You wouldn't trust a complete stranger with your tax affairs without first checking their credentials, now, would you…? Taking a few minutes to ensure that a tax refund company is worthy of your trust and hard cash could not only save you money but potentially spare you some headaches and valuable time in the long run. Part 2 of this article gives more tips on how to spot unethical tax refund companies.
Here are 4 more “insider” tips…
4 more "valuable"insider" tips to help you select a reputable tax refund company
5. What is their reputation?
Remember, you are a looking for a reputable tax agent. Read online reviews and forums and look for patterns of unethical behaviour. Take some of the reviews with a pinch of salt, though, as it is current practice for many firms to post unverified reviews online or even remove negative reviews. Unless they constitute a majority or you can see a discernible pattern to them, a few negative reviews may not necessarily indicate that a firm is untrustworthy or inefficient. However, a firm that only has positive reviews about them has probably hired the services of an online reputation management expert to eliminate adverse comments from clients and hide some embarrassing facts from the public.
6. Check their credentials and accreditations
If a firm displays any logos or accreditations, check with the relevant body if the firm in question (or at least one of their staff) is actually registered with them. If they’re not, they should not display such logos. Some firms cleverly design their own self-regulated ‘association’, ‘alliance’ or ‘federation’ to lend them an air of respectability. Therefore, membership to a particular professional body or association may not prove that a firm is automatically trustworthy.
Only give credence to recognised official bodies like ACCA (Association of Chartered Certified Accountant) or AAT (Association Of Accounting Technicians), to name a few. Any accreditation that demonstrates that they have sound internal processes and quality audits is also definitely a 'plus' point (like ISO 9001, for example).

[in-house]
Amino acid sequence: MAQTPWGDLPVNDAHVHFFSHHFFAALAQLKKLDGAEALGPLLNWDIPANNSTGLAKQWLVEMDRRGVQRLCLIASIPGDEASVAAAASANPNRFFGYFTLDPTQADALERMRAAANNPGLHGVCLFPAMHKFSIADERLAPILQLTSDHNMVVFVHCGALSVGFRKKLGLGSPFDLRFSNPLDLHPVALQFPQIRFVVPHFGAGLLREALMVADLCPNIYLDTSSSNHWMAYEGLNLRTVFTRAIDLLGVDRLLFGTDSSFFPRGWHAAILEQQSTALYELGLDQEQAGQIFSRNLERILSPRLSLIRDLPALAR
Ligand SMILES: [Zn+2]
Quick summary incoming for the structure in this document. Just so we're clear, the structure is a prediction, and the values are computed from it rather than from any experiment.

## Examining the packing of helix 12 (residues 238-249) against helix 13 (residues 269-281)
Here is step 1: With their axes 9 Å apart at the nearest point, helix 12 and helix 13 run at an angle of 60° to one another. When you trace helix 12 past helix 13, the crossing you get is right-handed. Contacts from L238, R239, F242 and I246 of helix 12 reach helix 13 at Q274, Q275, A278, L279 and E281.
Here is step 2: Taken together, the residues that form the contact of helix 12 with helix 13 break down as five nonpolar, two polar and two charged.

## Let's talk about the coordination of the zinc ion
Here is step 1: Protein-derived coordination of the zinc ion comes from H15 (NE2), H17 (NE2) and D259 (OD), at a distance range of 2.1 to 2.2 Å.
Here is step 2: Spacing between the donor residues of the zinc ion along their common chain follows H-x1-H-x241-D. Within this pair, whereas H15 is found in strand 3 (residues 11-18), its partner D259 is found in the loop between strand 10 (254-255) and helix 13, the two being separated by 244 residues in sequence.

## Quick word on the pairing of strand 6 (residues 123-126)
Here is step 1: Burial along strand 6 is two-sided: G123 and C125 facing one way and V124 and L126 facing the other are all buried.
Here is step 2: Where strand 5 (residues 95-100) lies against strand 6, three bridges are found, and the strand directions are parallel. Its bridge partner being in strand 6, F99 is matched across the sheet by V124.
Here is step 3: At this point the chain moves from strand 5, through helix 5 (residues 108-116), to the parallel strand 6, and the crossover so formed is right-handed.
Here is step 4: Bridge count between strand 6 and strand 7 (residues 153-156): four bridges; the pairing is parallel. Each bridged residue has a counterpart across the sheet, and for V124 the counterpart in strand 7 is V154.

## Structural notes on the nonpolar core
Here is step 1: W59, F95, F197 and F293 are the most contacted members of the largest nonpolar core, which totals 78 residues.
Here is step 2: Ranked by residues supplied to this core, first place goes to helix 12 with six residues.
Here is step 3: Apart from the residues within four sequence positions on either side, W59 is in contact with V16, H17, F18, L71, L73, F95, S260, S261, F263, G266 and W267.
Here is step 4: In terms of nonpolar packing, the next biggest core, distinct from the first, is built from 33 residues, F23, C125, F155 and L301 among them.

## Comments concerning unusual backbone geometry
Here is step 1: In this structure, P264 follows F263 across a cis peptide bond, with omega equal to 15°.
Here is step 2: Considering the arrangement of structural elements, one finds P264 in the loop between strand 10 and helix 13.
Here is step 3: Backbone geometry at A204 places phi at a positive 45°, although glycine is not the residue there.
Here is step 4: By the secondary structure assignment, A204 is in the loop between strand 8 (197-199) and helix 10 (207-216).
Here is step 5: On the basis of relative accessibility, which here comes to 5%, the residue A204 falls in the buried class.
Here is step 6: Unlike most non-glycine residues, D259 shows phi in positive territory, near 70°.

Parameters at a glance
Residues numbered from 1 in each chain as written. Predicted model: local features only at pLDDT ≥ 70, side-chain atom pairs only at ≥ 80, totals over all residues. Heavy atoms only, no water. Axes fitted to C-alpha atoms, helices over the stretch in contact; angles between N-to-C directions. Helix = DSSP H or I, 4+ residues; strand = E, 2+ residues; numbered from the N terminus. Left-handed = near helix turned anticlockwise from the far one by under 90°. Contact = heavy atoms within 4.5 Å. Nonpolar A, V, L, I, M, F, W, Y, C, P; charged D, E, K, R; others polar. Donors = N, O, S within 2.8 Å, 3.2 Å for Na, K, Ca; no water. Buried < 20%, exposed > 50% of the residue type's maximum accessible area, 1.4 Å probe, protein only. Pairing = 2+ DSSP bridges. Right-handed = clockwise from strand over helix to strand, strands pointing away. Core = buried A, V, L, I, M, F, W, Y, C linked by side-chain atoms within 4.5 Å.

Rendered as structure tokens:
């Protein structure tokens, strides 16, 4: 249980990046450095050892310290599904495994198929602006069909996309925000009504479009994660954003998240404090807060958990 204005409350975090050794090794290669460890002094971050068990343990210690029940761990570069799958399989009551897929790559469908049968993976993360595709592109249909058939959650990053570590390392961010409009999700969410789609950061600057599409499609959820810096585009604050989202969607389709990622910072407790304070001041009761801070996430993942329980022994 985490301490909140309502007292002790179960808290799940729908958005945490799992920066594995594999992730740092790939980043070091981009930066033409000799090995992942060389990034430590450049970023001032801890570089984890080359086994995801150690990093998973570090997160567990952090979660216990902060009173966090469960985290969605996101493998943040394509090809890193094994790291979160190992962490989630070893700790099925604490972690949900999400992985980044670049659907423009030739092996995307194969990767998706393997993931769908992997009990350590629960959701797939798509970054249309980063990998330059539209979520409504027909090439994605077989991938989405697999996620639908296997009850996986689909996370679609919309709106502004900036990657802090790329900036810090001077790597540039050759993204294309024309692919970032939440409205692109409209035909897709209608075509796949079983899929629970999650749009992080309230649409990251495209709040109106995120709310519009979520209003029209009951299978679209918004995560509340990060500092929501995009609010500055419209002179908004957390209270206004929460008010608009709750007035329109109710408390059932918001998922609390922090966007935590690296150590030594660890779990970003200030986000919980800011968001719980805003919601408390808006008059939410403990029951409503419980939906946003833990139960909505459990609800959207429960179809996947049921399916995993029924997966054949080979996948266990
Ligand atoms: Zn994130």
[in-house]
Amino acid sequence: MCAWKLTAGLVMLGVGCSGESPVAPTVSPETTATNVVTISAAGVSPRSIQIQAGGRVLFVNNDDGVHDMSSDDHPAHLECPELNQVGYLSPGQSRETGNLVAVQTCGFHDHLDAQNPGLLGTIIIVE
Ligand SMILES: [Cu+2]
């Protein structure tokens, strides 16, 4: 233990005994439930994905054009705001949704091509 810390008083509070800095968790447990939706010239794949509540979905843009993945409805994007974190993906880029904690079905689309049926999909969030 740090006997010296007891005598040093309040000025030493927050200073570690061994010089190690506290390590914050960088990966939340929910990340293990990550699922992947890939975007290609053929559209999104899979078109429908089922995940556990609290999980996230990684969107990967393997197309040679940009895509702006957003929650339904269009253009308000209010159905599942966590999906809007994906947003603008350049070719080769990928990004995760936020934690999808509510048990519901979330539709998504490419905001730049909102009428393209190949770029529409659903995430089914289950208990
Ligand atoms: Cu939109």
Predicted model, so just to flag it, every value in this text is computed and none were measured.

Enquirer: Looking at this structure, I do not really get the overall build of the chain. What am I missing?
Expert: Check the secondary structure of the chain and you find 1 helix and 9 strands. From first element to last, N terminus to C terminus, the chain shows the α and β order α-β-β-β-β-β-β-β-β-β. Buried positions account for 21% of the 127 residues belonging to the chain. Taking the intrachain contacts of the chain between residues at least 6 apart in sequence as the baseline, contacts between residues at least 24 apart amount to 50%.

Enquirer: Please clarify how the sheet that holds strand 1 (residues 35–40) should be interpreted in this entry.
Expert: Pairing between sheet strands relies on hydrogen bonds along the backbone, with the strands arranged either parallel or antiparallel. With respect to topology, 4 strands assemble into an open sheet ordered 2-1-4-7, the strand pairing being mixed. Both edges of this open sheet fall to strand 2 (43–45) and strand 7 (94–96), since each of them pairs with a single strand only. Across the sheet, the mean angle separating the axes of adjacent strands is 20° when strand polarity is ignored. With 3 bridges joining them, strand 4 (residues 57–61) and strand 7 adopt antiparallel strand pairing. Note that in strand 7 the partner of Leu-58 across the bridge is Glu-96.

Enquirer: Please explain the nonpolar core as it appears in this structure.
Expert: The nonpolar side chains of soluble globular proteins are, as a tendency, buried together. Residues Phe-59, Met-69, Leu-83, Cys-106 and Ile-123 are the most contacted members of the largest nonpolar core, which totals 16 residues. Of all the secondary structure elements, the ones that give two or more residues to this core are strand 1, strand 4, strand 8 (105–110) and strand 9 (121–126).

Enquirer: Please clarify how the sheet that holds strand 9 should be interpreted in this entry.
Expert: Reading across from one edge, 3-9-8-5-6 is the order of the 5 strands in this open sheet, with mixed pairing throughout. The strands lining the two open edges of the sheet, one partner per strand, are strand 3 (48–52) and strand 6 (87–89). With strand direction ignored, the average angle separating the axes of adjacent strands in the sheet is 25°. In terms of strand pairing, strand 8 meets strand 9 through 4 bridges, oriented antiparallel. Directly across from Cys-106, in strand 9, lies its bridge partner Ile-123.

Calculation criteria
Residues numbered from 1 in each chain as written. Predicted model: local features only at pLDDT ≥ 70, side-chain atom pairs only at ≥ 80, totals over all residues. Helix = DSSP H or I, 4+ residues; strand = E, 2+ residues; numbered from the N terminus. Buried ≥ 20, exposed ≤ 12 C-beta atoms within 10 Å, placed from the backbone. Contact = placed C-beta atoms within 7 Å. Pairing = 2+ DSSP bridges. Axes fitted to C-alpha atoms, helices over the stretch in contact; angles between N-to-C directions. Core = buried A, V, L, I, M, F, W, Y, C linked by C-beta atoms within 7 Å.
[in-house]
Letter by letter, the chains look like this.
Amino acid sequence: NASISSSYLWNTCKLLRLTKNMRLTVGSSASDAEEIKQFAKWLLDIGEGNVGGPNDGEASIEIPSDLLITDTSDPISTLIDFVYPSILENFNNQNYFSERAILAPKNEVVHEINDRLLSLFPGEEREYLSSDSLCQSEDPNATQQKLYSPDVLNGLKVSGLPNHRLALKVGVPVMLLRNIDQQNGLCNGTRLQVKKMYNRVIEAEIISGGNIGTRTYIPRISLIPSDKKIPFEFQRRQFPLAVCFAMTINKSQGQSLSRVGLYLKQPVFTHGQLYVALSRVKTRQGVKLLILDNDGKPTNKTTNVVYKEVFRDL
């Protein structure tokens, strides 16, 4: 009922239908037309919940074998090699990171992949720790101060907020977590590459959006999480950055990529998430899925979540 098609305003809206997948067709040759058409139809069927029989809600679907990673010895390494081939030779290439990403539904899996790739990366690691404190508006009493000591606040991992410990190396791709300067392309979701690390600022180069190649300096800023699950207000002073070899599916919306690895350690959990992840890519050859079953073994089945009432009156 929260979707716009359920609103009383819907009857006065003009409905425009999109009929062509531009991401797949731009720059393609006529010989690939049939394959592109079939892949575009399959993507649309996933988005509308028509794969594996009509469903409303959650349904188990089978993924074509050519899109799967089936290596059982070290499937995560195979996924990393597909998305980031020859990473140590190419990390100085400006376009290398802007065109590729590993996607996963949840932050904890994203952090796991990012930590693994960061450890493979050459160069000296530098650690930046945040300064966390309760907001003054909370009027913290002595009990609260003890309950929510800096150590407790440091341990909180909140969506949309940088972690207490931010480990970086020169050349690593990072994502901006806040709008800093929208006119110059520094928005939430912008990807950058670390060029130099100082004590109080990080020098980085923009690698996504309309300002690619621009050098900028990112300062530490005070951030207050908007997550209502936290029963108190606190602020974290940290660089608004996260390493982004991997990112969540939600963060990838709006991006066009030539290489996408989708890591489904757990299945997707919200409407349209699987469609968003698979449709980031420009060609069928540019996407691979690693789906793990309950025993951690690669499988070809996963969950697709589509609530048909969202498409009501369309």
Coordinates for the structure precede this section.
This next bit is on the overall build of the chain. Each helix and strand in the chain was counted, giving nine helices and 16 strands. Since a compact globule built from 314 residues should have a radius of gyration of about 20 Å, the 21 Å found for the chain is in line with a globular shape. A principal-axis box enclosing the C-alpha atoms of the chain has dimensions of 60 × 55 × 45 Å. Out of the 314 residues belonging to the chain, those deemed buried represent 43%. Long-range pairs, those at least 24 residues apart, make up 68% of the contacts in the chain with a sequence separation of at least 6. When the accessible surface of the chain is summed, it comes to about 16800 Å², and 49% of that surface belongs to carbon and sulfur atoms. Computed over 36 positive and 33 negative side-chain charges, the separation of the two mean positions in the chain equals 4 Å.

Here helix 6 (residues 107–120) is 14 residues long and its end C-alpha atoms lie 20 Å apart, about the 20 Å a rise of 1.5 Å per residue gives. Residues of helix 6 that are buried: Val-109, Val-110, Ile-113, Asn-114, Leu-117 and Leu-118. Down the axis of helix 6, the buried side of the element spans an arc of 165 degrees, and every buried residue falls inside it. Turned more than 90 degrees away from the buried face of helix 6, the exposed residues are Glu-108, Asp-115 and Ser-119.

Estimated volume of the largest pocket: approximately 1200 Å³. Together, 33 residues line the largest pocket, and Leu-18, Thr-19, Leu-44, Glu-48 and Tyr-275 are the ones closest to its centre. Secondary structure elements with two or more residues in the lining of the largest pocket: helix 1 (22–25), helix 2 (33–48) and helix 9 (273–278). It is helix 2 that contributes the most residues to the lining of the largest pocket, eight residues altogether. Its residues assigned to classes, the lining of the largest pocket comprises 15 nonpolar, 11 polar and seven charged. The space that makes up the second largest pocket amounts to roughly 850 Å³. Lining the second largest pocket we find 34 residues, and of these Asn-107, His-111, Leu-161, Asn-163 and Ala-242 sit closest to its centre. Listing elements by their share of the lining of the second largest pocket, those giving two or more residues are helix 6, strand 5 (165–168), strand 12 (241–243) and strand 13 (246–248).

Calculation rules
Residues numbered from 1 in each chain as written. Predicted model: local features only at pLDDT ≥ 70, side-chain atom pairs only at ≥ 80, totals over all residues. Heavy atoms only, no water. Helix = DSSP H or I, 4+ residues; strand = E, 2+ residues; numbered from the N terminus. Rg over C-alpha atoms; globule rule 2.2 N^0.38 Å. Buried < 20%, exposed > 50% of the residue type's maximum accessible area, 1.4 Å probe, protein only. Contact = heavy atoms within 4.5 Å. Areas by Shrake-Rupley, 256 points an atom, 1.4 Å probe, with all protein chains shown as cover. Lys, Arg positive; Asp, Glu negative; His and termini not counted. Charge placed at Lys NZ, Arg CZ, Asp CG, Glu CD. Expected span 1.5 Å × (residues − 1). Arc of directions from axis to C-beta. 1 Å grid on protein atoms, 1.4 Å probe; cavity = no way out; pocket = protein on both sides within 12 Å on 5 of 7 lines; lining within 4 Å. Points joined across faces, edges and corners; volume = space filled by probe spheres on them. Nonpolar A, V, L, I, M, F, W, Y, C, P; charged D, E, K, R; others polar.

The truth about tax refunds is that each client’s case is unique; claiming that other taxpayers have received several hundreds of pounds worth of tax refunds cannot serve as a benchmark to how much you could get when using the same services. No tax agent can quote you a figure for a tax refund unless you first supply them with specific documents (like P45, P60, Employment history; etc.) and then they compare those with HMRC’s own records (which they can only do if you signed the official form “Authorising your agent (64-8)”).
7. Are they financially sound?
You wouldn’t trust the management of your own money to an organisation that is on the brink of bankruptcy, or which has already been declared bankrupt, would you…? There is a vast amount of free information available in the public domain about companies trading in the UK. Check the Companies House website (an official government agency) if the company you’re researching is actually registered and actively trading. Look for any CCJs (County Court Judgements) or “Gazette notices” that may have been issued against them.
Weigh the info you gather against the firm’s claims. For example, I remember a certain tax refund company that boasted “several thousands of happy clients”. A quick check of the Companies House website revealed that the firm in question had only been trading eight months, and had been “dormant” (non-trading) for the last 3 months! Clearly, their claim of having “thousands of happy clients” was bogus and spoke volumes about their ethics.
8. Trust your instincts
Don’t underestimate your own intuition. Does the content of their website inspire confidence? Are there any vague or unsubstantiated statements? Does it feel that are setting visitors with unrealistic expectations? Read the blog section of their website (if there is one) to ascertain if they are experts in their field. Call and ask questions before giving over the authority to deal with your personal tax affairs to anyone. Gauge from their answers if the staff appear knowledgeable or not. Do they sound ‘salesy’ or ‘pushy’? Do they actually answer your questions in a satisfactory manner? Don’t ignore ‘alarm bells’ in your mind. If it doesn’t feel right, the best course of action is to move on to the next company until you find one that you are comfortable with.
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